Fifteen Years Worth Celebrating

In December 1995, I was a Divinity School student lucky enough to be doing my field work under the Rev. Eugene Winkler at the Chicago Temple. I heard somebody mention that a group would be testing whether an alternative voice to the political Christian right could be formed. I was present at this worship service rally of over 700 clergy and lay activists.

How could I have known that all these years later I would be inviting you to celebrate with us the fifteenth anniversary of the founding of Protestants for the Common Good? Please join us on Sunday, November 6 at St. Paul’s United Church of Christ in Lincoln Park, Chicago.

As I reflect upon these years, I am proud of the fact that PCG has often anticipated the important challenges before they became obvious. Until recently, the growing disparity of income and wealth in this country, the greatest since the 1920’s, was barely a public issue. Now it is being debated everywhere.

Two years ago, Franklin Gamwell, a PCG founder and board member, told us what was happening. In his paper, Inequality and the Pursuit of Happiness, he noted that during the three decades prior to the economic collapse starting in 2008, “the income of most Americans increased hardly at all…Some 80% of all the real economic gains since the 1970s have gone to the rich, the top 20% of households, and especially the very rich: Some 40% of all gains have gone to the top 1% of society.”

He called upon us to recognize that the narrow concentration of wealth at the top, and the political power it can buy, are the fundamental social challenges of our time.

One of our PCG board members has now developed a new educational program that addresses economic disparity, wealth and power, and the role of government. We want to bring it to your churches. Let us know when you would like to schedule an educational forum.

We are celebrating our fifteenth anniversary. But in these times of economic crisis, is “celebrate” the right word? Yes. One of the things I have learned over these 15 years is that progress often is grindingly difficult, but nevertheless possible.

Our efforts have not yet led to fair funding for public education in Illinois, but we helped to achieve an increase in the state income tax from 3% to 5%.

Who would have thought that it would be possible to move the Cook County health care system out from under the political patronage of the Cook County Board of Commissioners? We were an important voice calling for an independent board created in 2008. It was made permanent last year by the lllinois General Assembly.

The political religious right continues its misguided attack against gays and lesbians. But the world is changing. With our help, sexual orientation was added to the Illinois Human Rights Act in 2006, and we applauded as the General Assembly endorsed civil unions last year.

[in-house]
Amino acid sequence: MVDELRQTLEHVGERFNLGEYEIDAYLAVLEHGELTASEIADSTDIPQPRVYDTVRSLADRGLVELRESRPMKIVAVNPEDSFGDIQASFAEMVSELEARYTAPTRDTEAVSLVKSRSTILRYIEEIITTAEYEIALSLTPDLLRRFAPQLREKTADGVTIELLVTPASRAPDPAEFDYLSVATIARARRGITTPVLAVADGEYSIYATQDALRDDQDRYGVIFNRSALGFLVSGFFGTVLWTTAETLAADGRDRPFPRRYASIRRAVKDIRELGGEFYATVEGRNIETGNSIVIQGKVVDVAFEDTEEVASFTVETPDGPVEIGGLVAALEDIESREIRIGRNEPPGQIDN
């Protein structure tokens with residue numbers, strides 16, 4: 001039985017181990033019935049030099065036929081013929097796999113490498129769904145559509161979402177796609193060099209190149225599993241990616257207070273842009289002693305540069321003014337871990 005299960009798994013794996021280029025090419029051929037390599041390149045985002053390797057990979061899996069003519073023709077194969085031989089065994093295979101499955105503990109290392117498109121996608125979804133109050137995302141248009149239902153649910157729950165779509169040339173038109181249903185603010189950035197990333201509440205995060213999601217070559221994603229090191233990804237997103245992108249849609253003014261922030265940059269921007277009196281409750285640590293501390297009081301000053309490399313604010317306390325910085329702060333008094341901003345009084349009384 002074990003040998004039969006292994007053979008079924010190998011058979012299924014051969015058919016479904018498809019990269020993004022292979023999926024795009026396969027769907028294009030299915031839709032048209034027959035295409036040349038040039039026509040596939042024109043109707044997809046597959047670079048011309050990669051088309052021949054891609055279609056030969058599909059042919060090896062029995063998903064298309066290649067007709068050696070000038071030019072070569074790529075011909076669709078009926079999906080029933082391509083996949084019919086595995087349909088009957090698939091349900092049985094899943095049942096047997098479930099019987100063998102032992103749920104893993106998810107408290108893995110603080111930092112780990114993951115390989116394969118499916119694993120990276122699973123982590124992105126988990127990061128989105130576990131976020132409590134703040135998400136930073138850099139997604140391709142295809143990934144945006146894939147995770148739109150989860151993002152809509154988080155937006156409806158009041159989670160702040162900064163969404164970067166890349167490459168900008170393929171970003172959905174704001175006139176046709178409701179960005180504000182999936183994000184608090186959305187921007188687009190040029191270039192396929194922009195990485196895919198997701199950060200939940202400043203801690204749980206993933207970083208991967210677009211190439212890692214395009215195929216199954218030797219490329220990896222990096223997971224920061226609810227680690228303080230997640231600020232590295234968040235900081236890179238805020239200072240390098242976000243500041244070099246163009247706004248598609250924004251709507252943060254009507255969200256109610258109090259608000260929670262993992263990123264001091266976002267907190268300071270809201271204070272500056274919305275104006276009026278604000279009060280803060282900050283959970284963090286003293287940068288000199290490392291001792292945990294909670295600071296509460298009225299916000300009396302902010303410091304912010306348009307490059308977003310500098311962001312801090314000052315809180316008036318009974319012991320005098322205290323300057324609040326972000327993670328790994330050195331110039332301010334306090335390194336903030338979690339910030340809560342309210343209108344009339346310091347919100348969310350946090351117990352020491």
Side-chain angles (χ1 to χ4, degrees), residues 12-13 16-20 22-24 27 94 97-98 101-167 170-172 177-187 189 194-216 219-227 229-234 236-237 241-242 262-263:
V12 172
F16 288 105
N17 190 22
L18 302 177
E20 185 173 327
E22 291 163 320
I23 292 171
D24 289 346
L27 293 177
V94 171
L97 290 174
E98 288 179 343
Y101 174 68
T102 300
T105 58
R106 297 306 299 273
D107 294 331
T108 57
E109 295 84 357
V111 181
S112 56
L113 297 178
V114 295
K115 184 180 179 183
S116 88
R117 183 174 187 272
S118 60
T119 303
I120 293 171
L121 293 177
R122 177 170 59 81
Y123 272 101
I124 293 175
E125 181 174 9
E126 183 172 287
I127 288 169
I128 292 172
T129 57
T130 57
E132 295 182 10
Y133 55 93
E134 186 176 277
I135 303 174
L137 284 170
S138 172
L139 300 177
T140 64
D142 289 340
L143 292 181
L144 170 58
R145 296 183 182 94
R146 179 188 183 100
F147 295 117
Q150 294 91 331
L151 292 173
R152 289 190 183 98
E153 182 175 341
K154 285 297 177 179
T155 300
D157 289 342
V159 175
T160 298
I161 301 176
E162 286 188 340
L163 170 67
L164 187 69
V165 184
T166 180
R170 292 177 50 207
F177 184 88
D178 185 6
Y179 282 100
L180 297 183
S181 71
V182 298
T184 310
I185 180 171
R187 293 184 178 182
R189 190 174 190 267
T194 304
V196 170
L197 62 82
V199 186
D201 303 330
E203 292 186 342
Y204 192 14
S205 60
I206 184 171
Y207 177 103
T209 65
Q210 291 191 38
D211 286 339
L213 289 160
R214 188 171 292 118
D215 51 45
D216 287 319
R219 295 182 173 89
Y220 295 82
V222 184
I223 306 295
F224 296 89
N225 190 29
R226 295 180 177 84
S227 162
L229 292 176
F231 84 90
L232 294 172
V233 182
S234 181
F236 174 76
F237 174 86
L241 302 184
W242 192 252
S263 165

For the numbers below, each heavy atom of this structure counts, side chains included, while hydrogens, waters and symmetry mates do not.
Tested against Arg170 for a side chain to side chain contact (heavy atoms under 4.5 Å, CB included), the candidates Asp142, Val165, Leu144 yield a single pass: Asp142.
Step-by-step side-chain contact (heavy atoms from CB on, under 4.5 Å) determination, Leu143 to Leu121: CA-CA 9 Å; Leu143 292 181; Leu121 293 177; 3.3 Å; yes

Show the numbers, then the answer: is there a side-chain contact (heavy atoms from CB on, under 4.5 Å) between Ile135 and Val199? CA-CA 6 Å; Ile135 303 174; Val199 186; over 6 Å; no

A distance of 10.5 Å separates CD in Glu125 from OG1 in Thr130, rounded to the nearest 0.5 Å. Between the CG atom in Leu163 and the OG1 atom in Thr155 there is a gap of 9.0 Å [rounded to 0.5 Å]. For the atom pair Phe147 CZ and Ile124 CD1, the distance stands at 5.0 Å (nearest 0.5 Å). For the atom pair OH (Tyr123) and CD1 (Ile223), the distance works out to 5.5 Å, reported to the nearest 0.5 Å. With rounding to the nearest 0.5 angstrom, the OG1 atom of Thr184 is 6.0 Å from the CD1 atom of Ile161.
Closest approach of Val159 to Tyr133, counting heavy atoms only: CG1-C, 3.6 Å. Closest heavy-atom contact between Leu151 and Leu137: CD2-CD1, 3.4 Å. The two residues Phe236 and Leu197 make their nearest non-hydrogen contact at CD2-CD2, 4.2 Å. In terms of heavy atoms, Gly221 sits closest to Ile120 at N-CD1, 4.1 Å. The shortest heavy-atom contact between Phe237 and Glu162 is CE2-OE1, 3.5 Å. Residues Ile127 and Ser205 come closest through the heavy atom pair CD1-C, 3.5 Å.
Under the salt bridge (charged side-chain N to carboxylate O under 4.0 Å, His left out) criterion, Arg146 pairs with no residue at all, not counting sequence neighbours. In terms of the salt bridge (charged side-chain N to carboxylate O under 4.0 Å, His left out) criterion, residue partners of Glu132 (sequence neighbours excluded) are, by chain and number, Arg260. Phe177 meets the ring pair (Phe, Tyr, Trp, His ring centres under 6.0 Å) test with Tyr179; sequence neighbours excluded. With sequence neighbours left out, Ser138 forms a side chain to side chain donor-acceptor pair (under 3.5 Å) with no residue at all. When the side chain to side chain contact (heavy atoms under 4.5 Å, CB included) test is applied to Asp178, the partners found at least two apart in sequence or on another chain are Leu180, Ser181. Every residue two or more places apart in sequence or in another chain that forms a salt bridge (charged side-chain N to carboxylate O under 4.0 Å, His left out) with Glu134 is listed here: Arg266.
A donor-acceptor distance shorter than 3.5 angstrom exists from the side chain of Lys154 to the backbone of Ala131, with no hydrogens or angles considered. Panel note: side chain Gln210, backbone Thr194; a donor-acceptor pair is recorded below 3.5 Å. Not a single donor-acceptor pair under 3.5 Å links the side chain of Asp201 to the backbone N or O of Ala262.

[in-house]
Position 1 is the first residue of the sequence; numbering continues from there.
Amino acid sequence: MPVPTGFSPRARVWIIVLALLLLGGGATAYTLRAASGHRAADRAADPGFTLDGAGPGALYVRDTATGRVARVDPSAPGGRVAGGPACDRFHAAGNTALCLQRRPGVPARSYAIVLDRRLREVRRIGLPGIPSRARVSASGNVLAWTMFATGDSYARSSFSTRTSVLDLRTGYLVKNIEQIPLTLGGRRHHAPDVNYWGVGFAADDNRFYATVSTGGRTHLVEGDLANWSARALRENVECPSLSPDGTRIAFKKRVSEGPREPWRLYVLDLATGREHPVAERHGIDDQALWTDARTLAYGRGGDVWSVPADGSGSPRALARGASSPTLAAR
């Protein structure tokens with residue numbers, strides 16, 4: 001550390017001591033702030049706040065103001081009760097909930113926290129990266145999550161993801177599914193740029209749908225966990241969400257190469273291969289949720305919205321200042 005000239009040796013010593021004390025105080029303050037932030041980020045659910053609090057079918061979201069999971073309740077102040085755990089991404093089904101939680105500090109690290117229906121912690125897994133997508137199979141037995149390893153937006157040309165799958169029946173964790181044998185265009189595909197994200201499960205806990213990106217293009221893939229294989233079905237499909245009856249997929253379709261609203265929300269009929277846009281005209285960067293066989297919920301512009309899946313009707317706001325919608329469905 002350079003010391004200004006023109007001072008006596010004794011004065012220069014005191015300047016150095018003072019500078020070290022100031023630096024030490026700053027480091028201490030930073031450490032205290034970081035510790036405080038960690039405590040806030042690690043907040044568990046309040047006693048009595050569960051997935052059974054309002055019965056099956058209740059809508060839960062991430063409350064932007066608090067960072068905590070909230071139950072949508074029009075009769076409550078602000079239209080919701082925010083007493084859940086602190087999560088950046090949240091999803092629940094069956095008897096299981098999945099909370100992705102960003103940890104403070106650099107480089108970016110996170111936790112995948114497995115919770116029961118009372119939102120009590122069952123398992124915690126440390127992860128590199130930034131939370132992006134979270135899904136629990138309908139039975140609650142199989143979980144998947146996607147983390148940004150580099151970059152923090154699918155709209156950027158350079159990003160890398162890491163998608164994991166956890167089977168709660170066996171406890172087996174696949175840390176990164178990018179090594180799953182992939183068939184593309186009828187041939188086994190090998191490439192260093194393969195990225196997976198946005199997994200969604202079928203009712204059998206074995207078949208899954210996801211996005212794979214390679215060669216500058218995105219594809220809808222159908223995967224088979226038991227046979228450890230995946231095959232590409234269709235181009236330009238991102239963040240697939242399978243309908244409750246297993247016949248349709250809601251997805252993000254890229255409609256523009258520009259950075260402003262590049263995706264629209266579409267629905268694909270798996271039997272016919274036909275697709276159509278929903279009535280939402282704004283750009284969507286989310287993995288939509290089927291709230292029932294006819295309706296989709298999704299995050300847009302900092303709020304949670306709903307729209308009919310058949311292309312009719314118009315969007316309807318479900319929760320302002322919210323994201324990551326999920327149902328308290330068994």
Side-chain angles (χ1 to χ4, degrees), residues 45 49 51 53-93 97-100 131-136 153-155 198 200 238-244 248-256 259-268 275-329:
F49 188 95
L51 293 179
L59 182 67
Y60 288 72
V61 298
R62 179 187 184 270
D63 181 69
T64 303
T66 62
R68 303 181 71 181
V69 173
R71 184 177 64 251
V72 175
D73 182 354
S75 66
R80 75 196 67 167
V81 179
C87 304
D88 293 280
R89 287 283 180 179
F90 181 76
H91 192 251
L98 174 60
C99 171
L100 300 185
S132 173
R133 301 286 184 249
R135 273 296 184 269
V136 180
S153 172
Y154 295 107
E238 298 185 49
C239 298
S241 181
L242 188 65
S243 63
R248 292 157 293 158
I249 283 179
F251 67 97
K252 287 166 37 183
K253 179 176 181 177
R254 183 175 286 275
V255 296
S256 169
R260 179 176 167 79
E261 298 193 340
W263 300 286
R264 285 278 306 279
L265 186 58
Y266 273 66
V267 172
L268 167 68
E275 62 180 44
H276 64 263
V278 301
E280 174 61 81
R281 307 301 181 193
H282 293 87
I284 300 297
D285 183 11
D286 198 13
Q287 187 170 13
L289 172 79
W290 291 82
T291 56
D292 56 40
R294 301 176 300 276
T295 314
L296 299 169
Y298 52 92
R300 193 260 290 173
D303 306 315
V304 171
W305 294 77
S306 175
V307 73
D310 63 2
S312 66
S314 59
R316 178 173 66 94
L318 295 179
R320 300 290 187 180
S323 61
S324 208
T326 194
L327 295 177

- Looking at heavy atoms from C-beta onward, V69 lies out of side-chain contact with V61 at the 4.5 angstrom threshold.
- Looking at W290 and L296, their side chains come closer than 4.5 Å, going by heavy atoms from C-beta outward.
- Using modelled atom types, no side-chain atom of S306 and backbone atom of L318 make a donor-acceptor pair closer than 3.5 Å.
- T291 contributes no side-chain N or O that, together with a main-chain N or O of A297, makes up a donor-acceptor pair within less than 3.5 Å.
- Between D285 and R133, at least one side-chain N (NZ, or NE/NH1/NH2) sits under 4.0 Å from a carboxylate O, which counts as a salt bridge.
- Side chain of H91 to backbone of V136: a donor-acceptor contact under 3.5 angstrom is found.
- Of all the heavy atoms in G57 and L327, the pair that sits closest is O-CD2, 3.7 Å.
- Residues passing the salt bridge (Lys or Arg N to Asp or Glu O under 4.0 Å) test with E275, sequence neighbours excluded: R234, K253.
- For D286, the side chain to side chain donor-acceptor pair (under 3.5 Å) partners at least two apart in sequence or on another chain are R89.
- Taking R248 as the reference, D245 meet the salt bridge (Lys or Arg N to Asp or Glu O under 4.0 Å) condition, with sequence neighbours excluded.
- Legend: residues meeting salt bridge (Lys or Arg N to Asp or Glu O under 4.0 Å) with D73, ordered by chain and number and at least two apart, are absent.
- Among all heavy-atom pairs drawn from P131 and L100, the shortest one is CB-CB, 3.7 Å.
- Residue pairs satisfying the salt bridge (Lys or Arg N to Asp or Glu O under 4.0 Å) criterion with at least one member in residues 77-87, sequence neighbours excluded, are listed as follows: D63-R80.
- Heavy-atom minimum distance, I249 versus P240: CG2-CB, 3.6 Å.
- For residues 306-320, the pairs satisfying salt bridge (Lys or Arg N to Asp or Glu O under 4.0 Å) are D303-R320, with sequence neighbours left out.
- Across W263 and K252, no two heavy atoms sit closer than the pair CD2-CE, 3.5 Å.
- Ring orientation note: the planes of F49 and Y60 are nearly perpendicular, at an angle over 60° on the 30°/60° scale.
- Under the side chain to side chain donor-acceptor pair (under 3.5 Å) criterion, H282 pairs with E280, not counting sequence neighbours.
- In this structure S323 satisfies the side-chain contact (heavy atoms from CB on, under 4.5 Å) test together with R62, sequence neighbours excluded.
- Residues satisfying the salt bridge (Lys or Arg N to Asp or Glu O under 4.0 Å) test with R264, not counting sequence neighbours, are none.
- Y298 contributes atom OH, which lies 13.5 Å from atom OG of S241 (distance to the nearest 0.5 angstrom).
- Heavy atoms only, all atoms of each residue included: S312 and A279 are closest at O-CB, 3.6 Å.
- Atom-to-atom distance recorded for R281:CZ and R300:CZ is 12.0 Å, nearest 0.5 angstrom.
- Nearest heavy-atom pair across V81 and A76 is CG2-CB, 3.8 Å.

My PCG colleagues and I joke about the fact that seven years ago, when we walked into the offices of state legislators to talk about ex-offenders, they got a pained look in their eye and started figuring out how to get us to leave. Now this is a common issue on the floor of both chambers. We have helped to pass legislation that will give many ex-offenders a second chance.

Up until two years ago, a juvenile exploited in prostitution could be arrested and convicted. Now, Illinois is the first state in the nation to make minors immune from prosecution for this crime and instead provide them with necessary support and services.

Less measurable but just as real is the impact of our hundreds of educational forums in churches over the past fifteen years. Have we changed the minds of those who think that social justice, and political steps to bring us closer to it, should not be discussed in churches? I don’t know. Minds are difficult things to change. But I am sure we have strengthened the resolve of those who already understand that charity alone will not meet the needs of the poor.

At the event, we will spend more time on the future than the past. That’s why we are presenting the William Sloane Coffin Award to John Bouman, President of the Shriver Center on National Poverty Law. He was present at our beginning, and helped as we achieved the first welfare cash grant (TANF) increase in twelve years. He now co-chairs the Responsible Budget Coalition, through which we and colleagues from around the state are seeking ways to find new revenue for Illinois and restore the social safety net that has been shredded over the past 10 years.

We look forward to seeing you on Sunday, November 6 at 4 p.m. as we acknowledge our first fifteen years, but more importantly, gather strength for the challenges that lie ahead.


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